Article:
A vision is great for internal teams to help make core decisions and add value to the recruitment process and for external investors and potential acquirers to help those understand where you are heading and why.
A vision is however something you will struggle to change and often when companies pivot they struggle to say why the change, what it means and where the two visions merge. Visions can also divide leadership teams and will be hotly contested when you do not have complete buy-in.
Visions will drive company culture until there is a mid-sized disagreement over what and why and your performance drops and people blame drops on a misleading vision.
Is It Missionless Vs Mission Led
A mission is also great when you are setting off on something you cannot see completed for 100 years, yes 100 years!
My mission is to fix the broken world of work, it is something I aspire to complete throughout my lifetime (let’s hope for all of our sakes and this newsletter is one way I see helping little by little) and it resonates with many people and often with clients who want to understand how strategy and company culture come together. Most companies’ missions are hard to see, hard to create any real action against and hard to place a value or a revenue target on.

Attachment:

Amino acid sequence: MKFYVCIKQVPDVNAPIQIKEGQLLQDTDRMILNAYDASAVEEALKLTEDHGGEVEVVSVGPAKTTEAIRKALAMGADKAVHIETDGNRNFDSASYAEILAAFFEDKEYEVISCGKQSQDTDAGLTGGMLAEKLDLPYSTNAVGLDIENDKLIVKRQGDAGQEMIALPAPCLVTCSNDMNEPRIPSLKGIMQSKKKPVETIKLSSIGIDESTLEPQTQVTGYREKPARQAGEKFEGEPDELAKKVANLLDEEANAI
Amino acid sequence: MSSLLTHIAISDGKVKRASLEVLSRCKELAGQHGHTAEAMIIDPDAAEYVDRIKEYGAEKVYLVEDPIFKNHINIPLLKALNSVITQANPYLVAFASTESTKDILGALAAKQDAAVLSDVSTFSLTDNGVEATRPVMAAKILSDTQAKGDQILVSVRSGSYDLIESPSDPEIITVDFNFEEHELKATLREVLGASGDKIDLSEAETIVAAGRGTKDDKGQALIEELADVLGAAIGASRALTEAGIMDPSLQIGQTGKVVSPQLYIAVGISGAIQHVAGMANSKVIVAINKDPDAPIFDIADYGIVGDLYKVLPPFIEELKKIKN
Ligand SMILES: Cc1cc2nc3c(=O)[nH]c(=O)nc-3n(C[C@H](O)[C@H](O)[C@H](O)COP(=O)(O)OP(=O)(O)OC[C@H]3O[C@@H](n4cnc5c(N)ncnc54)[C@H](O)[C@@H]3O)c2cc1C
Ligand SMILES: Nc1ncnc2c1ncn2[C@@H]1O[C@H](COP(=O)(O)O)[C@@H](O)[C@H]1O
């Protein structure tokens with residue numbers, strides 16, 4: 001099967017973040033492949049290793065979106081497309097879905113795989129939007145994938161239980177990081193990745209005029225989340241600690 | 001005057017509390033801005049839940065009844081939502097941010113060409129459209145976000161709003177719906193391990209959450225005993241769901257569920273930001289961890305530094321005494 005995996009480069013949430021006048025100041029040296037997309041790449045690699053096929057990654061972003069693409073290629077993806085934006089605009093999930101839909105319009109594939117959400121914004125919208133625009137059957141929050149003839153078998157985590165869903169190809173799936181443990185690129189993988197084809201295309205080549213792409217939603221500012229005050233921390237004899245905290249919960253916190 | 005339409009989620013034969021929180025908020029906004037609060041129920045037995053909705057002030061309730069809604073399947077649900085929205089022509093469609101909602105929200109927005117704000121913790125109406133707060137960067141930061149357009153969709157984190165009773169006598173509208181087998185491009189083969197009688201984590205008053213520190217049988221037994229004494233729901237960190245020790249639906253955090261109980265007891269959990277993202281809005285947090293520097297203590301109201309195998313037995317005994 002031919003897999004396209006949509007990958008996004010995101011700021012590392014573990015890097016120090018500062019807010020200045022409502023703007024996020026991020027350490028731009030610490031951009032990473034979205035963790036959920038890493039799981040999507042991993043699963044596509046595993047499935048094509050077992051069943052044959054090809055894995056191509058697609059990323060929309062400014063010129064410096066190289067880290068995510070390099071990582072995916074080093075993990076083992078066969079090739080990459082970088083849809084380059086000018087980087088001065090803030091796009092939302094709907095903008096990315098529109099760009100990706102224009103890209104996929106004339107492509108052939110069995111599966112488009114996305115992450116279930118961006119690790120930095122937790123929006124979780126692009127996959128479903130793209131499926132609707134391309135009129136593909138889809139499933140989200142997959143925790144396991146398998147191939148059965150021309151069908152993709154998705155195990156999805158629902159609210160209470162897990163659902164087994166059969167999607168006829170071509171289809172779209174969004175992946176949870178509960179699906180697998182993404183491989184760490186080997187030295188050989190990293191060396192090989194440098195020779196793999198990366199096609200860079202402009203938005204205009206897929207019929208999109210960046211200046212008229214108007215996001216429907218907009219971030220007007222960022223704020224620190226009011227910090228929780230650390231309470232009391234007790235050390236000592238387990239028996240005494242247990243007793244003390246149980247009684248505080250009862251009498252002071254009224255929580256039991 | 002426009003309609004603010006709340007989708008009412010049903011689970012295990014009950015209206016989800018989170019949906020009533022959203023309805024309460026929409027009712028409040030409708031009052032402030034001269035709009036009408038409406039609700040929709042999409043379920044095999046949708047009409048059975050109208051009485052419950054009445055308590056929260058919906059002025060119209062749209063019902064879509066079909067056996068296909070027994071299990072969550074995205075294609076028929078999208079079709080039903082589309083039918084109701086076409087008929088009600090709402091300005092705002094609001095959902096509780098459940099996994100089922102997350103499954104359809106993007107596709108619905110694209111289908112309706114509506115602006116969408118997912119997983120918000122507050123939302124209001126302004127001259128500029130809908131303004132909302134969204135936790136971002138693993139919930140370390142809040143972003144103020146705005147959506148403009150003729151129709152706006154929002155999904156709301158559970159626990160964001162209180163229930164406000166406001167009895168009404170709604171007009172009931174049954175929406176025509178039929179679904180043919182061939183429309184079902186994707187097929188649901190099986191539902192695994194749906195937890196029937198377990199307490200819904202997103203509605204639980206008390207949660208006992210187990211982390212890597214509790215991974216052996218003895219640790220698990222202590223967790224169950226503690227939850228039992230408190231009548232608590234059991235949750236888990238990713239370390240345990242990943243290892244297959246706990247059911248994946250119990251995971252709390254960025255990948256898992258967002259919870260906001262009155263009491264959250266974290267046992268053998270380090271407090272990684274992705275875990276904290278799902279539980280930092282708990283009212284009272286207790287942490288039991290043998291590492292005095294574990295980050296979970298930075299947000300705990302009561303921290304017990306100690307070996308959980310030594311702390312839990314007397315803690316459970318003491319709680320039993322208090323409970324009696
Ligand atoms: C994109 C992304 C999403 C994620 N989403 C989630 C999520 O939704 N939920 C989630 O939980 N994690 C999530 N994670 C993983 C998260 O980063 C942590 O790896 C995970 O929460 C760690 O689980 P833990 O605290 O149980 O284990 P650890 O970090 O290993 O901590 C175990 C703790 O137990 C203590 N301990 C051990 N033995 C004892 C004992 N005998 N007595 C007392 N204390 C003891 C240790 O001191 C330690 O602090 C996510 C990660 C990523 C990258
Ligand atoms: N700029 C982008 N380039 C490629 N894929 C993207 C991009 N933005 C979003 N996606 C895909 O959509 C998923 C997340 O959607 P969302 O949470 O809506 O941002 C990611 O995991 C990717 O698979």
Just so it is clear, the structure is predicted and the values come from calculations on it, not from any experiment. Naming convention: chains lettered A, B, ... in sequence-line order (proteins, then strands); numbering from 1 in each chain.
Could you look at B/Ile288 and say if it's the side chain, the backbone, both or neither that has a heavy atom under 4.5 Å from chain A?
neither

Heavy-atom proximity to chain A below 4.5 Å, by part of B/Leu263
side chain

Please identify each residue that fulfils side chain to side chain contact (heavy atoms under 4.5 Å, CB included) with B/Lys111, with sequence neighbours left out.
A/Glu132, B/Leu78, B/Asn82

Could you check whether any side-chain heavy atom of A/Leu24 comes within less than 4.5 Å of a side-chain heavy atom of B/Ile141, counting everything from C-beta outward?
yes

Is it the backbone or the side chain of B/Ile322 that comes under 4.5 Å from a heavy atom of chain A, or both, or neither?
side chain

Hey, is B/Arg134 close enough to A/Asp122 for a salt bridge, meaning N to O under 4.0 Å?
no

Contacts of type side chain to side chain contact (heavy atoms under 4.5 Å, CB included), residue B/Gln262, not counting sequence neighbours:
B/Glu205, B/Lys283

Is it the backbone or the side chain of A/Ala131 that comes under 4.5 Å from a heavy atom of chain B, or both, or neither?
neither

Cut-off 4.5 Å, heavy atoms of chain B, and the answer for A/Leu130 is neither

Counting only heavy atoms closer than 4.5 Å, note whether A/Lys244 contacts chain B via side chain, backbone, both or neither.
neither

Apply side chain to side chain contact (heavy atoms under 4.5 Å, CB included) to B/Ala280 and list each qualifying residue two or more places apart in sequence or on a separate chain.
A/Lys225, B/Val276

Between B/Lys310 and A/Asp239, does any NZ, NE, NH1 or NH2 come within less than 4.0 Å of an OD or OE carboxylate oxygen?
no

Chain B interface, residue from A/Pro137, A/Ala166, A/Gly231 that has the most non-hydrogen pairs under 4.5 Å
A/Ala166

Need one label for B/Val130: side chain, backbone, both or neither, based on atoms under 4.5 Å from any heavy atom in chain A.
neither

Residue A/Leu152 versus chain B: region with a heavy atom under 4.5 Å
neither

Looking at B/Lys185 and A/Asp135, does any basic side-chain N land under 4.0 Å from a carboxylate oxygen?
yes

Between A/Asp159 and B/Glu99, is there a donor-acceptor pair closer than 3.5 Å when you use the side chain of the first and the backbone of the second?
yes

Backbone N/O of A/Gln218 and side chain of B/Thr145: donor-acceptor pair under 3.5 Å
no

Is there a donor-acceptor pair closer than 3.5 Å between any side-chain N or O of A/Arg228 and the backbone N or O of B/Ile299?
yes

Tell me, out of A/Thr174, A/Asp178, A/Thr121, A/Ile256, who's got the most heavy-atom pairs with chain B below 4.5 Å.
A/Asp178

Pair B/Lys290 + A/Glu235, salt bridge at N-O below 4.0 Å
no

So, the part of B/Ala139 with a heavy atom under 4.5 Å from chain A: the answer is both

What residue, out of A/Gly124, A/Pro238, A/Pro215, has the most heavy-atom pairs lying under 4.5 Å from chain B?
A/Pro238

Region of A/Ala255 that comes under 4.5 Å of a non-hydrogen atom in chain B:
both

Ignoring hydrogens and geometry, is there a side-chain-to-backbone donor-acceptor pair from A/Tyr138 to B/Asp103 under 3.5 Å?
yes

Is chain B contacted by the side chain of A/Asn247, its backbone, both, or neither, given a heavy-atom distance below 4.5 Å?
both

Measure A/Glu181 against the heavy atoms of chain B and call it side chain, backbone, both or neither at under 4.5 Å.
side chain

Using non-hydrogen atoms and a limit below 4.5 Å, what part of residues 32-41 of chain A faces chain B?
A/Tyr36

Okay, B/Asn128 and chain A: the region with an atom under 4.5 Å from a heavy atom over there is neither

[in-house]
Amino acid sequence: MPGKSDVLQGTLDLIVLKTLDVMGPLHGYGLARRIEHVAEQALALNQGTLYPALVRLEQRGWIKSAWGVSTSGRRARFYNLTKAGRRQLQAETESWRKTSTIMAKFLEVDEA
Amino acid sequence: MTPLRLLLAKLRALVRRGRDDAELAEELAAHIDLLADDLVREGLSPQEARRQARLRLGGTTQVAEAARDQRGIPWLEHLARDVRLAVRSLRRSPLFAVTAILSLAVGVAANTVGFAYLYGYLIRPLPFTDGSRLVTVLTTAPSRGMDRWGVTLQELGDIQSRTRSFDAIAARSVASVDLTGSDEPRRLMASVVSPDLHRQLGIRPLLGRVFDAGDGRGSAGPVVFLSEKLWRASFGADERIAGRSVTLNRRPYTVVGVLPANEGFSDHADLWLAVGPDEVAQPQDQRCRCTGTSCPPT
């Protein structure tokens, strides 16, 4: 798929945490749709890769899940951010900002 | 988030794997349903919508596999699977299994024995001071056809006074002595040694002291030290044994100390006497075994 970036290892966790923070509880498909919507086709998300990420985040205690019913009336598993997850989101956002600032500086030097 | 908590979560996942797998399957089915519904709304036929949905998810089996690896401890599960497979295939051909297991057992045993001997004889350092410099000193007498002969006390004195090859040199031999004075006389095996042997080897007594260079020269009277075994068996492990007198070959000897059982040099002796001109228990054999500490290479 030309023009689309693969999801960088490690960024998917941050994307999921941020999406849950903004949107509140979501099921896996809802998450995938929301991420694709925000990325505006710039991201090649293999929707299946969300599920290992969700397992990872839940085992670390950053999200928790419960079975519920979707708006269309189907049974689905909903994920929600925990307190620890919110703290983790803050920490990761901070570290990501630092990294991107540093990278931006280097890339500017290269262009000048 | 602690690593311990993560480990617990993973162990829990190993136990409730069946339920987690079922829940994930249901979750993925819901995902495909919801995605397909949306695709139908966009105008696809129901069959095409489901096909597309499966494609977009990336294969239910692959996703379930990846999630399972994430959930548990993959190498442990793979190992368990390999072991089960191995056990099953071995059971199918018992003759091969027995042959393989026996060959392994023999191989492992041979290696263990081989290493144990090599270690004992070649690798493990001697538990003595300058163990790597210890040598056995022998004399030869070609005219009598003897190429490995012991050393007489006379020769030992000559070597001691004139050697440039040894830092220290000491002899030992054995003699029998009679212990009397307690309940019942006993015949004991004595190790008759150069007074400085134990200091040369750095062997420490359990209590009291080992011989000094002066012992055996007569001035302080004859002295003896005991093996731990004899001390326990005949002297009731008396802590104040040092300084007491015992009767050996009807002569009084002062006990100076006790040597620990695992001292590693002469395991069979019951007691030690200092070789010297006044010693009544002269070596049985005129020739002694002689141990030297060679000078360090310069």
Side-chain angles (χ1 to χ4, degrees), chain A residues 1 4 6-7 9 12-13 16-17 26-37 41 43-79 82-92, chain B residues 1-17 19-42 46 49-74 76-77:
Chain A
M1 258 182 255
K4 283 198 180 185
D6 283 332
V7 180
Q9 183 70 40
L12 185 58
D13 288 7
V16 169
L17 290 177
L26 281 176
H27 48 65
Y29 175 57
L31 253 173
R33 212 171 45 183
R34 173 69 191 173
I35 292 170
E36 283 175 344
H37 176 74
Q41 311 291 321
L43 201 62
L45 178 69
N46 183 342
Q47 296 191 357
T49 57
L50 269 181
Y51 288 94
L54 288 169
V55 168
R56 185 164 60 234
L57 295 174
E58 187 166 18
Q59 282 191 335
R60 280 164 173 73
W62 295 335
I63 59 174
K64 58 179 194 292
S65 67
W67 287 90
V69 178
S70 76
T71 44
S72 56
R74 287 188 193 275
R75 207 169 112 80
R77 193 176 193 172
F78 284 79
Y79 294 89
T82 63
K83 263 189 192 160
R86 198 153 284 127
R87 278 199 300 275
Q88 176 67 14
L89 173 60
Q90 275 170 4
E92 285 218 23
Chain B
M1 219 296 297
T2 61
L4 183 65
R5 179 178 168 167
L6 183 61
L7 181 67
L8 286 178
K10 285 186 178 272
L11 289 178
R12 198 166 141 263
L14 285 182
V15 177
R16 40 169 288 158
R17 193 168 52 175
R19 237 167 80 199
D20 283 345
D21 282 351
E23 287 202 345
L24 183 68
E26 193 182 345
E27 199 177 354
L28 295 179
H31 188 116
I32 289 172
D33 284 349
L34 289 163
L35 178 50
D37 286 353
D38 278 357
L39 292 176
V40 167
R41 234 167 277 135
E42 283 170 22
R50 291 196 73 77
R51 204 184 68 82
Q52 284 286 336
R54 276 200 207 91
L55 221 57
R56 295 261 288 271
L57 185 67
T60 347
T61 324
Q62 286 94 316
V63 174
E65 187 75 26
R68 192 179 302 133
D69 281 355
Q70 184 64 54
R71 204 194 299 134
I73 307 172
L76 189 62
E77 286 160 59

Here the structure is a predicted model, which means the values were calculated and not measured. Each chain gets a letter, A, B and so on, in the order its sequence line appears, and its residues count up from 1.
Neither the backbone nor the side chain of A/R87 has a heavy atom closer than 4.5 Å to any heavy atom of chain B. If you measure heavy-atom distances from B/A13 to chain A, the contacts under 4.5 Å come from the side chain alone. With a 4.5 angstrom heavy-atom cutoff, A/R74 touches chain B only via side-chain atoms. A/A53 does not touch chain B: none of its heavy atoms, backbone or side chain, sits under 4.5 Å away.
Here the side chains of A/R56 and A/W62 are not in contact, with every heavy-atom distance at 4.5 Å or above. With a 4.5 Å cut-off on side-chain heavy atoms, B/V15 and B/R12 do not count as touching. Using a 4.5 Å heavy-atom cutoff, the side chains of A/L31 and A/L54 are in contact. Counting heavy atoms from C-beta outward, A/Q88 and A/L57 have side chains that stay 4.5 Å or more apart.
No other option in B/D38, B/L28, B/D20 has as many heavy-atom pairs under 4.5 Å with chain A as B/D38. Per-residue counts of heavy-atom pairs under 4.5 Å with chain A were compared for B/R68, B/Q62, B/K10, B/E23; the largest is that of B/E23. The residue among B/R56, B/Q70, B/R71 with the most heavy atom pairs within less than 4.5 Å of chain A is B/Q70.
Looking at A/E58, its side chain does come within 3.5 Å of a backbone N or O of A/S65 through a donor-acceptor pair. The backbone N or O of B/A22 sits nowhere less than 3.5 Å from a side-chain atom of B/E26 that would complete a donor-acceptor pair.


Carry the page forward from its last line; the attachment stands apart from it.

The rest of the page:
With that said, many startups and upstarts can be mission-driven as they go after a specific issue and it can be why many people decide to join this business. The larger the business, the harder the mission often is and often is then contested.